Taking Shelter During Tornadic Times

Taking Shelter During Tornadic Times

Some years it may not seem like it, but Texoma is part of tornado alley. This year, Southern Oklahoma and North Texas have had the most tornadoes reported since 2007.

If a tornado strikes, knowing what to do and where to go can be the difference between life and death.

The two things to remember when seeking shelter: get as low as you can, and put as many walls between you and the outside as possible.

Below ground is the safest place to be during a tornado. If you have a storm shelter, use it and make sure the door is secure. An above ground storm shelter or reinforced safe room also works.

But what if that's not an option?

If you don't have a shelter, a bathroom may be a good option for you to take shelter, provided it has no windows or exterior walls. People have survived EF5 tornadoes in a bathtub surrounded by pillows, blankets, and a mattress.

A helmet is also a good option when riding out a tornado.

If a hallway is your choice of shelter, make sure all doors are shut. Remember, you want to put as many walls in between you and the tornado as possible.

A small closet may also be an acceptable storm shelter, just remember to cover up and shut the door.

But what about if you're not in your home?

When tornadoes threaten, being in your vehicle is a terrible place to be. Most situations like this can be avoided by simply being alert to the fact that there may be tornadoes in your area.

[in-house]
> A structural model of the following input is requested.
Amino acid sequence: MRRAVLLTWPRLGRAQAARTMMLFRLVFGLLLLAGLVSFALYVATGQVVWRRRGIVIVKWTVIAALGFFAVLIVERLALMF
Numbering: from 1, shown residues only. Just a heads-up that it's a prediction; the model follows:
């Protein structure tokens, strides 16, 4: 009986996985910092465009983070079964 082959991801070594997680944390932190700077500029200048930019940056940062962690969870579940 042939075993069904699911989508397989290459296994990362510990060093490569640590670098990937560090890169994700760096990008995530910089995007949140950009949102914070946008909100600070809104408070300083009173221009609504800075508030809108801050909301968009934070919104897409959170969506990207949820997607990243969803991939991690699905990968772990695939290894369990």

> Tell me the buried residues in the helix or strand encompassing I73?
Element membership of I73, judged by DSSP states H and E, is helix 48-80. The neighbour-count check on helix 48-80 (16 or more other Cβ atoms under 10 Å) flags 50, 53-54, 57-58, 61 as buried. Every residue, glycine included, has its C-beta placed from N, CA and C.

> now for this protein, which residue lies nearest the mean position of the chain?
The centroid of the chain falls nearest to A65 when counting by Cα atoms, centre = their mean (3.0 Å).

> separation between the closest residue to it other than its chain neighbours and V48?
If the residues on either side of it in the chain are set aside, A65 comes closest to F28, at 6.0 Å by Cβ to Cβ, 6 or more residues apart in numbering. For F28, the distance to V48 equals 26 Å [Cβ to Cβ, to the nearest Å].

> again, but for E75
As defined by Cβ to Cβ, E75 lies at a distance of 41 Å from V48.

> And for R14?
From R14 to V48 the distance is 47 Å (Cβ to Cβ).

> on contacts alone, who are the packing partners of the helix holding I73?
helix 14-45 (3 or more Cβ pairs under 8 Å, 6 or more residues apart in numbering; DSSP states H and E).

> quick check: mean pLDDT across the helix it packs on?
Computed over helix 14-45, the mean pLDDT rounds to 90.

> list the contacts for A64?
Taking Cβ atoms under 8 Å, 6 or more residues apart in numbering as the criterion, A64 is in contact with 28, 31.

Sometimes, however, the situation is unavoidable.

If you are in your vehicle, try to turn to a radio station broadcasting weather information. Every situation is different, and so your next course of action depends on your location and options available to you.

If the tornado is far enough away, try to find a building for shelter. Once in the building, follow previous instructions.

Overpasses ARE NOT tornado shelters. Whether it's to try to get out of the way of hail or a tornado, these areas should be highly avoided.

A ditch should only be used in an absolute last resort. Make sure to get as far away from your car as possible.

Remember, it's not the wind itself that injures and kills people, it's the debris that's in the wind.

Another undesirable spot when tornadoes hit is mobile homes. If you live in one, make sure you give yourself enough time to get to a safe area before a storm hits.

Dave Caulfield, Skywarn 6 Meteorologist